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What is infectious mononucleosis?

Infectious mononucleosis, also known as mononucleosis, "mono," or glandular fever, is characterized by swollen lymph glands and chronic fatigue.


  • Airway obstruction secondary to lymphoid tissue proliferation
  • Splenic rupture occurs in 0.1% of cases and often without significant trauma.
  • Aseptic meningitis, Guillain Barre, ataxia, aplastic and hemolytic anemia, ITP
  • Prolonged fatigue and malaise.

Symptoms of Mononucleosis

Kids with mononucleosis typically have with three to five days of mild symptoms such as a headache, malaise, and fatigue. The more classic symptoms of mono then follow and include:
  • a severe sore throat, with tonsils that are red, enlarged, and covered in pus
  • swollen glands (lymphadenopathy) in the neck
  • fever, which can be as high as 104°F to 105°F and may last one to two weeks
  • continued malaise and fatigue, which can be extreme
  • an enlarged spleen (splenomegaly), although this doesn't occur until your child has been sick for two or three weeks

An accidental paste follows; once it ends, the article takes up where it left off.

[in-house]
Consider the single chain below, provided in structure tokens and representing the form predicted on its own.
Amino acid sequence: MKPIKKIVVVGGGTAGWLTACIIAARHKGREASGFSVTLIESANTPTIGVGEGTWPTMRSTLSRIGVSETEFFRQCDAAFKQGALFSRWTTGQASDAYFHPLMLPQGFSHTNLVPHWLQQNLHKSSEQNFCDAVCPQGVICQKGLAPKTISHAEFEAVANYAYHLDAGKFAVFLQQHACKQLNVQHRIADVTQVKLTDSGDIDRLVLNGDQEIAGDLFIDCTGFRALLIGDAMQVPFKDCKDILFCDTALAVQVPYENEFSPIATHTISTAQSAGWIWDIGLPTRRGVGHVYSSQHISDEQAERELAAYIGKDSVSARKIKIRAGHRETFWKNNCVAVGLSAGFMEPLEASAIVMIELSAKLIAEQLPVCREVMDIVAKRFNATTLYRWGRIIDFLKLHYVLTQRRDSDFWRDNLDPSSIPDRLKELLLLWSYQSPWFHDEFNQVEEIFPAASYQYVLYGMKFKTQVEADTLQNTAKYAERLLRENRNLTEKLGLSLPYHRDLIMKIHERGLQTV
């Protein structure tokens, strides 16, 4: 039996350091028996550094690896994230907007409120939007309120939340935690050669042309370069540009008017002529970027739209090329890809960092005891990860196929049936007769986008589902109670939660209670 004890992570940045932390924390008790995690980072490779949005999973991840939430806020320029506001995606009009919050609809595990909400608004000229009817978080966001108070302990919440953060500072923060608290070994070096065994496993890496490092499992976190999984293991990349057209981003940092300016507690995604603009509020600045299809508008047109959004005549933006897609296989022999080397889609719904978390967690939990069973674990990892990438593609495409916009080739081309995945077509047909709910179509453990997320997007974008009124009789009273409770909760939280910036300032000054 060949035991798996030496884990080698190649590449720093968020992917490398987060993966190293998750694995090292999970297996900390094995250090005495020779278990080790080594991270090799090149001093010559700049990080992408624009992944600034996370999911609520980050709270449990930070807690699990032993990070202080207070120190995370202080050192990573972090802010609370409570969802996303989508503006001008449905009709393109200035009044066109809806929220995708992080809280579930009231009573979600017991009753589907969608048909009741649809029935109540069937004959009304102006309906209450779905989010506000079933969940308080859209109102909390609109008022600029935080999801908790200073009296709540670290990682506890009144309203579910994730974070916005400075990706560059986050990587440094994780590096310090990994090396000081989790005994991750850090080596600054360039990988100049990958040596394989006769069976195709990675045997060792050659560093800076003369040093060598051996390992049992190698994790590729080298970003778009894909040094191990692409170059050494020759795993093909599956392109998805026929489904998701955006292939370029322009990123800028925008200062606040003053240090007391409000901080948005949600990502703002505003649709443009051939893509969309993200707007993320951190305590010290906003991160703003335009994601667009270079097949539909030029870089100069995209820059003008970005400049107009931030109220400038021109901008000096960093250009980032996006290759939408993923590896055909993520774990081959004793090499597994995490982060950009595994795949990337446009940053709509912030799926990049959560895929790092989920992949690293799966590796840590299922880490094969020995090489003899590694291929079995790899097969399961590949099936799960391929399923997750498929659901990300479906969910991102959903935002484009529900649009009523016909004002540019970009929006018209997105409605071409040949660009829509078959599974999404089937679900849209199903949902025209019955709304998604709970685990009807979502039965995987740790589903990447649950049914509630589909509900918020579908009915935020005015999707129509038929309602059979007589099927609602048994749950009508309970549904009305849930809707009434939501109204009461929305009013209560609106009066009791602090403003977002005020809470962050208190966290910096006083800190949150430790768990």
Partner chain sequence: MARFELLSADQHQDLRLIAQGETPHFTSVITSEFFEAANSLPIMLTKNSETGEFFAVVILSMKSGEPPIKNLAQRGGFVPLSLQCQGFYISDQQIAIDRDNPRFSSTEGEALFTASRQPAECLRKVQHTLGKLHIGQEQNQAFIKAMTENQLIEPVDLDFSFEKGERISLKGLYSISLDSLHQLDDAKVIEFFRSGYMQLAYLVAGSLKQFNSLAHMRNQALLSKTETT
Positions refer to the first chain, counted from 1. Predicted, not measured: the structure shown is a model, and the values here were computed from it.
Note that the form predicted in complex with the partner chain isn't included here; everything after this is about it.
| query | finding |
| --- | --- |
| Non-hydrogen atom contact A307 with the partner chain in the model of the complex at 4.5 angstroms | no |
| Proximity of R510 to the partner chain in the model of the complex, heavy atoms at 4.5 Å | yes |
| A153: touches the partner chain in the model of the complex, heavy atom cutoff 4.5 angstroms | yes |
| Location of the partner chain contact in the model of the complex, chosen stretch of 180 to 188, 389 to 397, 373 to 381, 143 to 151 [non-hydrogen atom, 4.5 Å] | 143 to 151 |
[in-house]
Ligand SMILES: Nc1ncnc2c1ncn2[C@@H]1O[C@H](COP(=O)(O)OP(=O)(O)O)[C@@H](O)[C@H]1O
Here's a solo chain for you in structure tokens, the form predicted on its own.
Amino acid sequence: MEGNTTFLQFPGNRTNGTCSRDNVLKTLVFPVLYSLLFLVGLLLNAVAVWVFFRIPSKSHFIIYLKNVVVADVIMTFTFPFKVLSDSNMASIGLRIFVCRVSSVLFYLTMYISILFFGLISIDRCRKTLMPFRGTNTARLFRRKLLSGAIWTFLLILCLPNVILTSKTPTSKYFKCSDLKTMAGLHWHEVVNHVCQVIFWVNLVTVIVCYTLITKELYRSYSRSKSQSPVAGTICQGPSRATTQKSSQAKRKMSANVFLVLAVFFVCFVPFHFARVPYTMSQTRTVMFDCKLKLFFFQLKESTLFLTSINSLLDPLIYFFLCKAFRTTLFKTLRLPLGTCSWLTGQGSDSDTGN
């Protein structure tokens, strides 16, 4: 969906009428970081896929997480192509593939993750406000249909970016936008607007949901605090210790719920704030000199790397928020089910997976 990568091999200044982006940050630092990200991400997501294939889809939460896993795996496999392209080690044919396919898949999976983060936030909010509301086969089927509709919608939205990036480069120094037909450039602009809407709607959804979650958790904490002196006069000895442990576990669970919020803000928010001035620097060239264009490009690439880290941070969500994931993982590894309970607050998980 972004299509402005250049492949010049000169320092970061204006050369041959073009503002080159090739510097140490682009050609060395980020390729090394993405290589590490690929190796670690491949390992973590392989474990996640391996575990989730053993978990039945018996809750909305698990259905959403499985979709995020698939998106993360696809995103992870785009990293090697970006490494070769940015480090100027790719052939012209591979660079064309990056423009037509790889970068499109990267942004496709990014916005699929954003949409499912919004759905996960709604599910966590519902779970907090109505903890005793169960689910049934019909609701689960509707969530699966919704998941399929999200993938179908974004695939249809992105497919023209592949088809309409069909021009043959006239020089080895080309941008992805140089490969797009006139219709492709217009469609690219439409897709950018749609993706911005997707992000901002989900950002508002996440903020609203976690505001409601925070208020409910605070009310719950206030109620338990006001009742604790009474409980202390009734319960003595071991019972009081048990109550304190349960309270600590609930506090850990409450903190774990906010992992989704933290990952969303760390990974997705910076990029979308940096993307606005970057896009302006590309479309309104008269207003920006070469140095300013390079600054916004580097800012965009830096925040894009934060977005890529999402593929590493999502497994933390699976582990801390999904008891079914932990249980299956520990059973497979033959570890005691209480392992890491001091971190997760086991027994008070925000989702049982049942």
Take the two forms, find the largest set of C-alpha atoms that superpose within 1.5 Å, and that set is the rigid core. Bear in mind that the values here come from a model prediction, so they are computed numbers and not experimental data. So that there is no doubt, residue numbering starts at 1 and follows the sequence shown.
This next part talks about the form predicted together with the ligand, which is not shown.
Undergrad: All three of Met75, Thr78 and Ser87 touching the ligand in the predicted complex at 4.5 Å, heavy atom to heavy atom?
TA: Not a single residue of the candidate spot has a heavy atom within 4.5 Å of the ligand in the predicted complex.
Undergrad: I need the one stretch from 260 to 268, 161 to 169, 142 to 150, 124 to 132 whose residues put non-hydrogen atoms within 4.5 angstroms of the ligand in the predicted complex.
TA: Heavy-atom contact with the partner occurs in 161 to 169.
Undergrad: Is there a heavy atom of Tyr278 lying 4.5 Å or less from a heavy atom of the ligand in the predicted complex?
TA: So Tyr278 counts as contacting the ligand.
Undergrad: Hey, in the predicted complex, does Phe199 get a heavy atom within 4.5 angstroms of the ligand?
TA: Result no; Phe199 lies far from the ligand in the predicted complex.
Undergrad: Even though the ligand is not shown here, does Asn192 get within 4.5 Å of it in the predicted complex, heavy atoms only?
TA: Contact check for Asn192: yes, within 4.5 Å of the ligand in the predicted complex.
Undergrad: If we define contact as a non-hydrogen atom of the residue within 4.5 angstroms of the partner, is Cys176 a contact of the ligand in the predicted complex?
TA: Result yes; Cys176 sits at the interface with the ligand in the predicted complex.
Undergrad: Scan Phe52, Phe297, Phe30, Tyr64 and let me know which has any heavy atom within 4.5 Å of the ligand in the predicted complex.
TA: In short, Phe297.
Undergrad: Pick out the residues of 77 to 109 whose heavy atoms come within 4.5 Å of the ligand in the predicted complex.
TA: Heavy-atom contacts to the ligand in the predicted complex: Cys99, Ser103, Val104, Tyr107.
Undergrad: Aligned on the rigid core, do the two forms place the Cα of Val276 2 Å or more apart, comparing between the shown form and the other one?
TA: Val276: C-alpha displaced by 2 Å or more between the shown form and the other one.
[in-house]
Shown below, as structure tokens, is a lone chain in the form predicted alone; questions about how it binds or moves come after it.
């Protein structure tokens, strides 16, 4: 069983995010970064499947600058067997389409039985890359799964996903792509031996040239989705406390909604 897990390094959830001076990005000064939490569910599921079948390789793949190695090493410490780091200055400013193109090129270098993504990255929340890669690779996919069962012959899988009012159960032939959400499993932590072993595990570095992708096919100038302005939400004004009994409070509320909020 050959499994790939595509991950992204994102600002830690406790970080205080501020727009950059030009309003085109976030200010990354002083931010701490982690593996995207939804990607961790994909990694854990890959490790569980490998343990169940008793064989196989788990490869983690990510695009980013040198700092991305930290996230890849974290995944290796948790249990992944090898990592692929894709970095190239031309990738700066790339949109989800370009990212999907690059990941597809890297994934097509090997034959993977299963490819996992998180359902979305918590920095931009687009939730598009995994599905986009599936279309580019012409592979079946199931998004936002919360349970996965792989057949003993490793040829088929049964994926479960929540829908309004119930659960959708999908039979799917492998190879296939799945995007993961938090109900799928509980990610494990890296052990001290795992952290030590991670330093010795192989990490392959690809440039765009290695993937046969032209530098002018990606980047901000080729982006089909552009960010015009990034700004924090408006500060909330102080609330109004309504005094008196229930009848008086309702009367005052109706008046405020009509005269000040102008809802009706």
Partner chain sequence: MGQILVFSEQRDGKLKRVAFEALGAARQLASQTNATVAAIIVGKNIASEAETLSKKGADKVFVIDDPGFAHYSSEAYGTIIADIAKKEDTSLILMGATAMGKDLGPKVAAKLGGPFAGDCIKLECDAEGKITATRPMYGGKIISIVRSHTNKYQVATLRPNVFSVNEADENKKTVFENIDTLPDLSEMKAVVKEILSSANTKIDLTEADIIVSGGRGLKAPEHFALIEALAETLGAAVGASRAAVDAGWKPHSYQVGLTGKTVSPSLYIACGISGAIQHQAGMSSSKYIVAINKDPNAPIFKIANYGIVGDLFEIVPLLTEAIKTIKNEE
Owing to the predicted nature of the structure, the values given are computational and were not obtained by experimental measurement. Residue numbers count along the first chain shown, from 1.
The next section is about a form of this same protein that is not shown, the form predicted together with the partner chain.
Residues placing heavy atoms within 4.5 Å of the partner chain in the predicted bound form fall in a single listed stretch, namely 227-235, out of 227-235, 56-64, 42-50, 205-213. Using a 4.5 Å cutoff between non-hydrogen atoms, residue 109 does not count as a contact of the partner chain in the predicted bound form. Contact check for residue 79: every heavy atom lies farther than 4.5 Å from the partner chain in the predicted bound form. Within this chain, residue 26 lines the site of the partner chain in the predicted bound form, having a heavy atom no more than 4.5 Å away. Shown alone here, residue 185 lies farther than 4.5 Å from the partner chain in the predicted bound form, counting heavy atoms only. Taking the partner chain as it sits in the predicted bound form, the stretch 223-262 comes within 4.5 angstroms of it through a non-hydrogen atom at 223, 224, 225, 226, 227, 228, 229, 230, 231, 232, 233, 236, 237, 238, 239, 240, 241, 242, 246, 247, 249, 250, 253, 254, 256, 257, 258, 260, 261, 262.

• nausea
  • abdominal pain
  • muscle aches (myalgias)

Other signs and symptoms of mono can include hepatitis, jaundice, and a rash.

Children with mono who are treated with an antibiotic, such as ampicillin, amoxicillin, or other penicillin-type antibiotics, also often get a bad rash.

How is infectious mononucleosis diagnosed?

In addition to a complete medical history and physical examination of your child, a diagnosis of mononucleosis is usually based on reported symptoms. However, diagnosis can be confirmed with specific blood tests and other laboratory tests, including:
  • white blood cell count
  • heterophile antibody test or monospot test, which, if positive, indicates infectious mononucleosis

How is infectious mononucleosis spread?

Mononucleosis is often spread through contact with infected saliva from the mouth. Symptoms can take between four to six weeks to appear and usually do not last beyond four months, according to the Centers for Disease Control and Prevention (CDC). Transmission is impossible to prevent, according to the CDC, because even symptom-free people can carry the virus in their saliva.

Mononucleosis Treatments

Unfortunately, there is no specific treatment for mono. Since it is caused by a virus, antibiotics obviously won't work to fight a mono infection, so the treatments for mono are largely supportive.

Those treatments include bed rest, fever control, pain control for the sore throat, and fluids to prevent dehydration.

Although sometimes used to treat mono, most experts recommend that steroids should only be used if a child's tonsils are so enlarged that they are truly causing an obstruction, which is not common.

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